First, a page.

The spring 2013 issue of the Judicial Conduct Reporter had an article on “The judge as author,” discussing the general rule that judges may author or co-author fiction or non-fiction books on legal or non-legal topics for legal or general publications and describing the limits to that permission for both content and promotion.
Recently, in U.S. Advisory Opinion 114 (2014), the advisory committee for federal judges issued comprehensive guidance for judges promoting books they have written. The opinion addressed advertising, book signings, and media interviews.
The committee stated that a judge may not use “his or her judicial position, length of service, and court” in advertising materials and that the title “judge” may not precede a judge’s name in advertisements. However, that information may be included “in a book jacket or in other similar straightforward author summaries, provided that the identification is without embellishment and appears in the context of other biographical information.”
According to the opinion, as long as the events are free and do not interfere with the performance of official duties, a judge may sign or discuss the judge’s books at book stores and other public venues where the books are available for sale. The marketing materials for the judge’s appearances must comply with the advertising guidelines and should not suggest that attendees must purchase books or may enjoy special influence over the judge. The committee stated:
During the events, the judge may read from and discuss the work in a dignified manner that focuses on the substance of the work and not merely on the author’s status as a federal judge. Discussing the contents of the book, or how it came to be written, would generally be acceptable. Urging attendees to buy the book would not.
If those guidelines are met, the committee advised, a judge may sell a book to an individual who happens to be an attorney or sign a book at an attorney’s request, “particularly if the book has not been marketed to the particular legal constituency the person represents” and the judge is not aware that the attorney has a relationship to any cases before the judge’s court.
A judge may also discuss a book during an event sponsored by a general membership bar association at a neutral location. However, the opinion cautioned that “a judge’s signing or discussing books during an event before a narrow legal constituency at a non-neutral location . . . may suggest the judge favors the organization and the interests it represents.” The committee noted that “concerns of favoritism are reduced if the events are open to a variety of attendees and held at neutral locations, and if the judge is available to address opposing or contrasting constituencies.”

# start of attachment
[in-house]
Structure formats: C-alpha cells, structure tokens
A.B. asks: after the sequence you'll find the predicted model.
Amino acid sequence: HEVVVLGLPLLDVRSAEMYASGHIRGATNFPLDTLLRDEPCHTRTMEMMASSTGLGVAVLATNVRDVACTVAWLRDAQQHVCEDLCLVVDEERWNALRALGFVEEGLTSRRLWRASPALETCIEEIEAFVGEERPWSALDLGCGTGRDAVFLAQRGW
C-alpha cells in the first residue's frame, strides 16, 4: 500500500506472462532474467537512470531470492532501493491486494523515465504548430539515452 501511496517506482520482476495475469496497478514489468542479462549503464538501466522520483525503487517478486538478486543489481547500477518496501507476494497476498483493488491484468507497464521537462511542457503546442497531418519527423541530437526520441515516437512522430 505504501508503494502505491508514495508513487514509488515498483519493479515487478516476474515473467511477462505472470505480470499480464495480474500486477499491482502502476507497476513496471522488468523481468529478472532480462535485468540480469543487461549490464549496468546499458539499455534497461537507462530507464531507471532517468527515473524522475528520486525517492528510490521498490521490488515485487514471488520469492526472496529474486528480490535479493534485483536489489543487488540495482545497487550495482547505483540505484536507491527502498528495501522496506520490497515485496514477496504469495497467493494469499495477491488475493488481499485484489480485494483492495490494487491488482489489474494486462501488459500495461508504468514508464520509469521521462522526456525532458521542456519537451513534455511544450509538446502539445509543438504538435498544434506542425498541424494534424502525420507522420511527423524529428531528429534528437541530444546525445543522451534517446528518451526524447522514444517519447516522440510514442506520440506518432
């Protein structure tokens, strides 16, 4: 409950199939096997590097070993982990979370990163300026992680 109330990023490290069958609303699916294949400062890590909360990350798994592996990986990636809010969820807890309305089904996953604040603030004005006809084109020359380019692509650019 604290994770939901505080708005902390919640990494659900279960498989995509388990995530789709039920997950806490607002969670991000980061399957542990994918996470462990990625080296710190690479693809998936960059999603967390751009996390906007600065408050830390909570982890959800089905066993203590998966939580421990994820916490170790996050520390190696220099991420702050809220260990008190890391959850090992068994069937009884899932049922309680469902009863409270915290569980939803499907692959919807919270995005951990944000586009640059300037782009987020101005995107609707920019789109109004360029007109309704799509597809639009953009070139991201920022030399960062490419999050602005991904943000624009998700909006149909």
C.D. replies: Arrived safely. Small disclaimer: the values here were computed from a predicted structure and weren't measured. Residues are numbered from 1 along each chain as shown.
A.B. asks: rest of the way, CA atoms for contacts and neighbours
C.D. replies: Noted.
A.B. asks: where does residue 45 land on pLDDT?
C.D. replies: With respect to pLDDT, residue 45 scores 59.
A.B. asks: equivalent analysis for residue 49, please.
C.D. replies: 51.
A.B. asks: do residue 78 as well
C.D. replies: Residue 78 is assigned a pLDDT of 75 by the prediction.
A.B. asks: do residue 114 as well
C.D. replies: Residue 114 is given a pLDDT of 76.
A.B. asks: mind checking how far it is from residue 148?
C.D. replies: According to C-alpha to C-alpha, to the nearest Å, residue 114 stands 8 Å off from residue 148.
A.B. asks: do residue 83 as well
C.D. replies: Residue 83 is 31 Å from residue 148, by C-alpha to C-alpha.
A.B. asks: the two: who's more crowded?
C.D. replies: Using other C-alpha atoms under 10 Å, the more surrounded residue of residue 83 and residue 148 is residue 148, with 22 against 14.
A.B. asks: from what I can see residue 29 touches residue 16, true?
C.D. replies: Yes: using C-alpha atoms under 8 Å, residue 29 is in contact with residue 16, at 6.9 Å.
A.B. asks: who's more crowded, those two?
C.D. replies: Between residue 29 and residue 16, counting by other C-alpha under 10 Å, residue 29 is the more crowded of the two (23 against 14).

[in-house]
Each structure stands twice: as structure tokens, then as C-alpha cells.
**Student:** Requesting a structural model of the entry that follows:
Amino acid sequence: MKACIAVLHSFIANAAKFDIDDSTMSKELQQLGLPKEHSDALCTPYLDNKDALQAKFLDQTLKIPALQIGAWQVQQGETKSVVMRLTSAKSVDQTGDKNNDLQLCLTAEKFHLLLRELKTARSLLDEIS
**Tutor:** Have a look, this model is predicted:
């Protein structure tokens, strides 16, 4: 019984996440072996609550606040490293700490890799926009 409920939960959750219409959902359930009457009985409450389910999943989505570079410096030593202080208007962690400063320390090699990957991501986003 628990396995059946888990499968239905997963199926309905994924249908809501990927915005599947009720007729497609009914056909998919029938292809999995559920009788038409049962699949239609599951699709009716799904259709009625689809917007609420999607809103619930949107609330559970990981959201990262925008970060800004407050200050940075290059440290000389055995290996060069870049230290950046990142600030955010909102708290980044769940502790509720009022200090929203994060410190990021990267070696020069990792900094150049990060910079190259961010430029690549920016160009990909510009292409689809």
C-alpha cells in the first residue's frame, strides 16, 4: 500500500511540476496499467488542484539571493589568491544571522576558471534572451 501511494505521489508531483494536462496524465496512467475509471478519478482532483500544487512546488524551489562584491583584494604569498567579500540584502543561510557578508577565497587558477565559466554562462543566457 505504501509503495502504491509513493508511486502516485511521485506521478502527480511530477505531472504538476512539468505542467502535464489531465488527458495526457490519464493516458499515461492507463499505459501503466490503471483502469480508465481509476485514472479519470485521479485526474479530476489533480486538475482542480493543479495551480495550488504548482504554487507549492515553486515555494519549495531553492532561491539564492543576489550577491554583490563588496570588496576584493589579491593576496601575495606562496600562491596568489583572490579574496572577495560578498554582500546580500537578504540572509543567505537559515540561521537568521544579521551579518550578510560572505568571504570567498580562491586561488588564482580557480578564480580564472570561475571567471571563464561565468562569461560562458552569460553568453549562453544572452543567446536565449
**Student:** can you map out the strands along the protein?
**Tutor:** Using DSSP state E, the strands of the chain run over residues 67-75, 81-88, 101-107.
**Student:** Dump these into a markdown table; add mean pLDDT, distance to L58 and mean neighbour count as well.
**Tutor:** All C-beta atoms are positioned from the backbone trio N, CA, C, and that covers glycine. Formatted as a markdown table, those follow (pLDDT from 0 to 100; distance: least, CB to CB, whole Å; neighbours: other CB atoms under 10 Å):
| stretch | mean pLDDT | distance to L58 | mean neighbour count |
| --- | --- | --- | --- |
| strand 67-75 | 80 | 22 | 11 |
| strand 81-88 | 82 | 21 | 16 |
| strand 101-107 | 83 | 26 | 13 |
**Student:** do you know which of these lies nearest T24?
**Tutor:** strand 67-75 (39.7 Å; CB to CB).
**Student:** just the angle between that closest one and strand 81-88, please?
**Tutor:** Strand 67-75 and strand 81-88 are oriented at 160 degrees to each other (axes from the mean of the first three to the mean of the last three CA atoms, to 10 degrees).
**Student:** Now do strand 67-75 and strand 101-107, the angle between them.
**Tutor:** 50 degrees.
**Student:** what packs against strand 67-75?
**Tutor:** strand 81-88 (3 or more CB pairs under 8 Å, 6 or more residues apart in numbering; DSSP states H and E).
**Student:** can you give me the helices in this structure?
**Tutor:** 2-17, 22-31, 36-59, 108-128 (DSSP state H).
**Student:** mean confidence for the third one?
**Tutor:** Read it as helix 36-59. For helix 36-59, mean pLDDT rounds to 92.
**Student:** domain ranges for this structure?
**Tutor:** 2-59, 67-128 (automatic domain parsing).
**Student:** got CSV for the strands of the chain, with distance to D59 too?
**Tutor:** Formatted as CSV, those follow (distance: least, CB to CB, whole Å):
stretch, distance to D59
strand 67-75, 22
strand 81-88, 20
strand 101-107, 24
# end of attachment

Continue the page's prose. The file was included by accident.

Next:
The opinion warned judges to be dignified in media interviews about their books and to ensure “that the discussions and any mentions of the judicial position do not appear to exploit or to detract from the office.” The committee explained:
Judges should approach live interviews with particular caution, especially if they anticipate being questioned about subjects whose public discussion might lead (even if unintentionally) to an appearance of impropriety. The duty of a judge to promote public confidence in the integrity and impartiality of the judiciary may be at risk when a judge voluntarily injects him or herself into the limelight of public controversy or discussions of sensitive matters, including confidential aspects of the judicial process. Related commentary to the press may generate further disputes, lead to disqualification, or embroil the judge in personal and professional disputes. Accordingly, judges should take care in their approach to press interactions, particularly live press interactions, although ultimately the judges themselves are in the best position to weigh the ethical considerations that apply to a particular situation and to choose the manner in which they respond.
On a somewhat related issue, a recent emergency staff opinion from the Connecticut Committee on Judicial Ethics advised that a judge may be a contestant on the TV reality show “The Amazing Race” but should tell the show that his or her title may not be used for promotional or commercial purposes. The committee noted that the judge should retain the right to pre-approve any biographical information used in connection with the show. As additional conditions, the committee warned that the judge must receive advance permission to take off the time, that taking the time off must not interfere with the performance of his or her judicial duties, and that the association with his or her teammate on the show must not create an appearance of impropriety, result in frequent disqualifications, or violate other provisions of the code.